That doesn’t mean people stopped getting married. “I’ve seen people starting to get married in their gardens, which is very sweet,” says Gok. “What’s lovely about this is that people have turned around and said, ‘Look, none of us knew, getting into this, what was going to happen with lockdown, how long it was going to last for, and what an impact it was going to have on our lives.’ Couples turned around and said, ‘Actually, we don’t need the big wedding, we don’t need the ice sculptures, 25 DJs, and all that stuff. We just want to get married. We can do it in our garden.’ And I think that’s wonderful. They are a testament to people’s strength and how much they belong together.”

“But having said that, I think the wedding industry is going to be very poised and very vibrant at the end of all of this because a lot to do with weddings is psychology. It’s about celebration, it’s about happiness, it’s about people bringing their family and friends together. The trend for larger weddings has been around for a few years now, so I think at the end of lockdown when there is a chance for people to move around freely again, I do think the wedding industry will be one of the first retail industries to bounce back because people will want to celebrate. People will want joy in their lives. They’ll all want to turn around and say, ‘We all got through that together. Now that we’re getting married, let’s celebrate it with the people we love most.’” So it’s time to tune in and start taking note of Gok’s tips for looking your best on the big day when it comes.

Watch Say Yes To The Dress Lancashire S2 on Thursdays on TLC (DStv 135) at 18:00 

Also coming down the aisle


Mal-Mooi Troues

In this Afrikaans-dubbed series, Canadian event planner Lynzie Kent of Love By Lynzie explores couples’ love stories to inspire glorious weddings and receptions.

Watch S1 on Monday on VIA (DStv 147) at 17:30


Die Bruid-boetiek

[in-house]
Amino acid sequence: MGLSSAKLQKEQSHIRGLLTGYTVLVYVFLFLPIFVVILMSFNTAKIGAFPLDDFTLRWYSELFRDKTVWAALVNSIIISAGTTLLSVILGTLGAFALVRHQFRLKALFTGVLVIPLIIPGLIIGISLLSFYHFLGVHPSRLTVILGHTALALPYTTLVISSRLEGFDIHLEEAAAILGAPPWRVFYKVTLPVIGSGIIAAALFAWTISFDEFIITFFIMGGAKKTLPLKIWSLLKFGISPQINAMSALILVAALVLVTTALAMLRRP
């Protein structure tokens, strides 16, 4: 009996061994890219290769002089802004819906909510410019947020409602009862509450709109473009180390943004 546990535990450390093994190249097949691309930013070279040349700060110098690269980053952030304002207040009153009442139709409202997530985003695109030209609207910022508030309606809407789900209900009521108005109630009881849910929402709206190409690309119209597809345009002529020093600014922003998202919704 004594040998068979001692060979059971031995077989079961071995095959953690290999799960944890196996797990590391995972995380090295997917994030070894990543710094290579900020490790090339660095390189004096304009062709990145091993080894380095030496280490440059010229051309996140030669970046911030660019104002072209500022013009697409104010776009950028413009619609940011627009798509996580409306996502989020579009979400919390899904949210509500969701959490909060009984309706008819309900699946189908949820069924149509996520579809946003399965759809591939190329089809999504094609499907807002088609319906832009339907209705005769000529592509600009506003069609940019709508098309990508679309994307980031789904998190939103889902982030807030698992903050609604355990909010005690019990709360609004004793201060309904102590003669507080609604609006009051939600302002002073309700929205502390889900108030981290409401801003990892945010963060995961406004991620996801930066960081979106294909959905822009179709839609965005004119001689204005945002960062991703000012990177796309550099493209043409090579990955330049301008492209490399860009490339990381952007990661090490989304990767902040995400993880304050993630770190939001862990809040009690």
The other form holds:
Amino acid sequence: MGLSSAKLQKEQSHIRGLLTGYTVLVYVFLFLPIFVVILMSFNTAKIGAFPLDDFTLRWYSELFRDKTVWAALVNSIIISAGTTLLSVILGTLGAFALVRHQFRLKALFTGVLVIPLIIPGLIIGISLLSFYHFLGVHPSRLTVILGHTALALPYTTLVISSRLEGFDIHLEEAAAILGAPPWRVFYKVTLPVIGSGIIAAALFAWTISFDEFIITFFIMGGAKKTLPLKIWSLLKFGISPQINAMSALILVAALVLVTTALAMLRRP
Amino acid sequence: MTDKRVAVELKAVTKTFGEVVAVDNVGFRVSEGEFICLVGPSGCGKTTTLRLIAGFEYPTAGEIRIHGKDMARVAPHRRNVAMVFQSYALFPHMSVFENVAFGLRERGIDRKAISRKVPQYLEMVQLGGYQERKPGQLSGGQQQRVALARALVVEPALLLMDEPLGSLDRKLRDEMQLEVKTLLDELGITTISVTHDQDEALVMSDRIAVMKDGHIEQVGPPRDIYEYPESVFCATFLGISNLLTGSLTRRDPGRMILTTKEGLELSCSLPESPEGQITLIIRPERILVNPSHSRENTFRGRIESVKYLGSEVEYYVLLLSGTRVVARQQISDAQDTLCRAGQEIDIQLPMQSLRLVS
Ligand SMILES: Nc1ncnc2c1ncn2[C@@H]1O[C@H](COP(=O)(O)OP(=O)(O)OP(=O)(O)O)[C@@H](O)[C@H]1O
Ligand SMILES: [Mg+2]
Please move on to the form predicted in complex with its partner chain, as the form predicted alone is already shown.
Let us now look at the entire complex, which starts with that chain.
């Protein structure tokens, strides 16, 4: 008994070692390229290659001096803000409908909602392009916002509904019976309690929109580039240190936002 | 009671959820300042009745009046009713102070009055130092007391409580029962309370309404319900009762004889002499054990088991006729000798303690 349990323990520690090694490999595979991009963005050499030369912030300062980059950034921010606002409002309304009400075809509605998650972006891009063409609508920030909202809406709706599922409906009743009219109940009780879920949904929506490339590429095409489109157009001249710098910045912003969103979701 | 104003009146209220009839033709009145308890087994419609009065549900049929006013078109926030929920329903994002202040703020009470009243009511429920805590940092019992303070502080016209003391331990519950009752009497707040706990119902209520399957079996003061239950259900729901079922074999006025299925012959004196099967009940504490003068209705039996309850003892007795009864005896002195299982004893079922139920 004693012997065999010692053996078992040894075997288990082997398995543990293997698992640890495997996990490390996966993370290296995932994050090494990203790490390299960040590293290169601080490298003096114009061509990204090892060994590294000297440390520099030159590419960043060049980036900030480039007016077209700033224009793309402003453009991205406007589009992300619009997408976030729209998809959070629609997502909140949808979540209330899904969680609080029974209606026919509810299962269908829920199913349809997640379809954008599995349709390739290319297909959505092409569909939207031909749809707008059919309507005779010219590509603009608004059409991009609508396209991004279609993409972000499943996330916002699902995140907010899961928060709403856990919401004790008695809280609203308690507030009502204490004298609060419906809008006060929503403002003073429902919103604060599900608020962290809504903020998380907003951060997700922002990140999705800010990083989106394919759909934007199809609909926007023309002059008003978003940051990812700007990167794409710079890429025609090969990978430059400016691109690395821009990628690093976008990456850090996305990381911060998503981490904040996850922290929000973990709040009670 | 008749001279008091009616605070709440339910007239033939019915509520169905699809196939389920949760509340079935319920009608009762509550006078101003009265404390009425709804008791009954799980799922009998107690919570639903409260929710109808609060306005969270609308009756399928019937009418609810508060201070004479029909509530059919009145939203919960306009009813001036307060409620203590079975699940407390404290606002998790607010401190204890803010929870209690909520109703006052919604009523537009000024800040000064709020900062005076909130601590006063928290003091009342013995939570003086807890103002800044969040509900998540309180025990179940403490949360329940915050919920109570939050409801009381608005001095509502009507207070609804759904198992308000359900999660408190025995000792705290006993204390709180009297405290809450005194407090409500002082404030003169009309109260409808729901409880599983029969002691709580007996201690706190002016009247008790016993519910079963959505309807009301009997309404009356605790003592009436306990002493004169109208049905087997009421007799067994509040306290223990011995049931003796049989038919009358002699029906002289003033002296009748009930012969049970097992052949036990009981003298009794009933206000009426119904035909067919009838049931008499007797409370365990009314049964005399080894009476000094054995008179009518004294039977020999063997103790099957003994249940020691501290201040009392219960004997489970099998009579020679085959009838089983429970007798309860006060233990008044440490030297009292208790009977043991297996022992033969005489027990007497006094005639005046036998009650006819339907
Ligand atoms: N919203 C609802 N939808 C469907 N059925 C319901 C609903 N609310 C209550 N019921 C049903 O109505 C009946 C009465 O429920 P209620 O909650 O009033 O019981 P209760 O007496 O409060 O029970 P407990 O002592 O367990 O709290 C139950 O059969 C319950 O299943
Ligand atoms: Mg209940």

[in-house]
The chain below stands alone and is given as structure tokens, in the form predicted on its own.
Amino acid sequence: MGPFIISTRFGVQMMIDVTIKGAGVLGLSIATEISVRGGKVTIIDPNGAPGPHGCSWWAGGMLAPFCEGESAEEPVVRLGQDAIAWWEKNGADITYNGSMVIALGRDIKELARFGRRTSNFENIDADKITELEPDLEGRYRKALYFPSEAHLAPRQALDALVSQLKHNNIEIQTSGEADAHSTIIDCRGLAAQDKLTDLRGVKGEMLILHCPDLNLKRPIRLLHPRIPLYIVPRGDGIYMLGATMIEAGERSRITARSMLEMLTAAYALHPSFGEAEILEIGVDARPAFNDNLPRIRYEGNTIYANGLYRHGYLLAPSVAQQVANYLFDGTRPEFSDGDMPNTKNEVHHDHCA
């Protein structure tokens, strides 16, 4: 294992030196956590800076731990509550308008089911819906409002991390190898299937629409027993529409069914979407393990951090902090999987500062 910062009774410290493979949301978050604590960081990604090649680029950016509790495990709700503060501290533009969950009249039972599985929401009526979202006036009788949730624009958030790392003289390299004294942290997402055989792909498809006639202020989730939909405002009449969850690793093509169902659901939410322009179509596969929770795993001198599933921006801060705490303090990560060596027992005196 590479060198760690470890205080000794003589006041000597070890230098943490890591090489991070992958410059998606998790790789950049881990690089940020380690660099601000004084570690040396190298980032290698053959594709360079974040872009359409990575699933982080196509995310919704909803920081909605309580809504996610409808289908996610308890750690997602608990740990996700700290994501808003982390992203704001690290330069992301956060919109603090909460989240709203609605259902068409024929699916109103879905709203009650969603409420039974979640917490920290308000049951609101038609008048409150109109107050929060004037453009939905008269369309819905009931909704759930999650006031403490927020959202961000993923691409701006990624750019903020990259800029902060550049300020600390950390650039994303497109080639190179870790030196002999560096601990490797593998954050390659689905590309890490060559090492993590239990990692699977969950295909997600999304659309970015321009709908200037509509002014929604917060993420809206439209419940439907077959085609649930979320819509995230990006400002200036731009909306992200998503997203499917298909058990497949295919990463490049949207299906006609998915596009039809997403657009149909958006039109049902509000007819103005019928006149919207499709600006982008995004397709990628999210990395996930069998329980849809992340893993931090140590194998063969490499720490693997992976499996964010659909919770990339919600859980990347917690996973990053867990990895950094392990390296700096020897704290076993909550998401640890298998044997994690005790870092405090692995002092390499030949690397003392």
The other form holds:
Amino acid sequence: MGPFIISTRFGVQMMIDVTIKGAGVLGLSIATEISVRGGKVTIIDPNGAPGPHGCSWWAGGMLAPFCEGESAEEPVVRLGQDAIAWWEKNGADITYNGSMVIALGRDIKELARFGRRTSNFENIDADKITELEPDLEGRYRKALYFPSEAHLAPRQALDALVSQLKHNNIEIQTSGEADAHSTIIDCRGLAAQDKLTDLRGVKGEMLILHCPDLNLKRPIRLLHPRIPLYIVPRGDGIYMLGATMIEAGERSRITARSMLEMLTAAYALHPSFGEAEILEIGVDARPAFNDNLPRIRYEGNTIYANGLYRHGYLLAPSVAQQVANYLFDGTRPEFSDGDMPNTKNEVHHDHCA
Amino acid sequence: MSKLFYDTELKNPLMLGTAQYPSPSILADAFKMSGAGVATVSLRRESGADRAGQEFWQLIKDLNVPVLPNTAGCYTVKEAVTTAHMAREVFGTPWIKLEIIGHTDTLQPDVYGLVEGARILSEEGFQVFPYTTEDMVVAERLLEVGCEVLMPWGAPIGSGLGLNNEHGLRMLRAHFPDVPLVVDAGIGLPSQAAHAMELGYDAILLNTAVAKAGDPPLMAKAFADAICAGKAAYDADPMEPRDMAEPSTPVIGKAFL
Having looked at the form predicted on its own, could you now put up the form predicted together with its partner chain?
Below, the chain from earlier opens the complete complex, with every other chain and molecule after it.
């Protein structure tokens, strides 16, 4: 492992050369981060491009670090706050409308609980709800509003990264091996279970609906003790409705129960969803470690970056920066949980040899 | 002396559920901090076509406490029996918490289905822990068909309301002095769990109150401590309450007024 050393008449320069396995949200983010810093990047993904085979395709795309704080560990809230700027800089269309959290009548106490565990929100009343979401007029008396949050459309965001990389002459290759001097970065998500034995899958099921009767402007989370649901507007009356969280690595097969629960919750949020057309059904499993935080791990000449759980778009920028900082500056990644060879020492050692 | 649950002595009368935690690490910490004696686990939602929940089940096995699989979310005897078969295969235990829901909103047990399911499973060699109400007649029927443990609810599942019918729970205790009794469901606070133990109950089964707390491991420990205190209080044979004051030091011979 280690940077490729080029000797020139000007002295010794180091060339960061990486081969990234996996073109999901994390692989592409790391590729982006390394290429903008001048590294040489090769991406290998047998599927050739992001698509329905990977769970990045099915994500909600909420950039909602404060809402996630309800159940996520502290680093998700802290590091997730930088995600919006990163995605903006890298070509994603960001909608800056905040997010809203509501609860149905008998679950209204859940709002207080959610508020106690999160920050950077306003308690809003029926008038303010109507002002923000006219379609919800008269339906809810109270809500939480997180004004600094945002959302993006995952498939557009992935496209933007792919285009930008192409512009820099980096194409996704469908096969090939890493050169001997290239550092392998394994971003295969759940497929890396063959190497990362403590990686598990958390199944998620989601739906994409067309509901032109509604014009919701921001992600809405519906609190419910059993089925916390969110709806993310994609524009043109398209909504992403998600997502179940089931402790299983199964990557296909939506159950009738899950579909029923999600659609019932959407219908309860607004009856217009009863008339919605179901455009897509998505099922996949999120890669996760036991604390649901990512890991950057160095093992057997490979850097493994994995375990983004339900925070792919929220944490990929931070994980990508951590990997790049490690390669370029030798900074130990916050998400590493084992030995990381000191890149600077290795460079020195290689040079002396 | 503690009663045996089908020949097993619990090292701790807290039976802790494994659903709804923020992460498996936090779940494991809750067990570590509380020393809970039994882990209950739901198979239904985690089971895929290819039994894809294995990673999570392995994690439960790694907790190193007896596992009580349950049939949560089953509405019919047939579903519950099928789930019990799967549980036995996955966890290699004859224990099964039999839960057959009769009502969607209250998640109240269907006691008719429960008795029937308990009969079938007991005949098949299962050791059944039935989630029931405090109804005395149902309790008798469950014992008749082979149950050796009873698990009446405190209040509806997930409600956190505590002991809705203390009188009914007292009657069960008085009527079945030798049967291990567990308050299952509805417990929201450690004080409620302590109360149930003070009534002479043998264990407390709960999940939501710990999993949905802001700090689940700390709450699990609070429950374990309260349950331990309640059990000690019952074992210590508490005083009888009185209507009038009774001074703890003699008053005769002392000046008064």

South African bridal stylist and designer of Diaan Daniels Couture and his glam squad are helping couples to find the perfect looks and outfits for their big day. Diaan dresses brides, grooms, bridesmaids, moms and even young ladies who want to make a splash at their matric dances.

Watch S1 on Thursdays on VIA (DStv 147) at 17:30 


Bridal Month on TLC

Saturdays are oh-so romantic on TLC (DStv 135) this June. Shows like 90 Days To Wed: Happily Ever After? S1, Say Yes To The Dress (US) S10, Say Yes To The Dress UK S1 and Curvy Brides Boutique S1 will take you not only inside the journey to the altar, but into couples’ lives in the first year of adjusting to marriage.

Watch from Saturday, 6 June on TLC (DStv 135) between 11:05 and 18:00 


90 Day Fiancé: The Other Way

6 Americans who fell in love across borders are travelling to places like Ethiopia, Jordan, India and Mexico to be with their true loves, but they’ll have to jump through the hoops of the immigration process if they are to stay together, as well as tackling all the practicalities of life abroad including finding work and adapting to a new language and culture, children, responsibilities… and pregnancy. And Jenny from S1 returns to India where her catfishing love, Sumit, is now claiming that he’s divorced his wife from his arranged marriage.

Watch S2 from Tuesday, 16 June on TLC (DStv 135) at 20:00 


Bride & Prejudice: Forbidden Love

In this marriage reality show, Pastor Cal Roberson (Married At First Sight) is reaching out to help committed couples whose families have vetoed the relationship. He’s hoping to help them see eye-to-eye with the help of a series of workshops and tasks over a four-week period. At the end of it, the couples and their families will need to make one of three choices: a wedding, breaking up with the loved one, or breaking up with the family. But through it all, we’ll get some dazzling love stories and looks into family histories and stories of enormous courage and faith.

Watch S1 from Tuesday, 23 June on Lifetime (DStv 131) at 21:00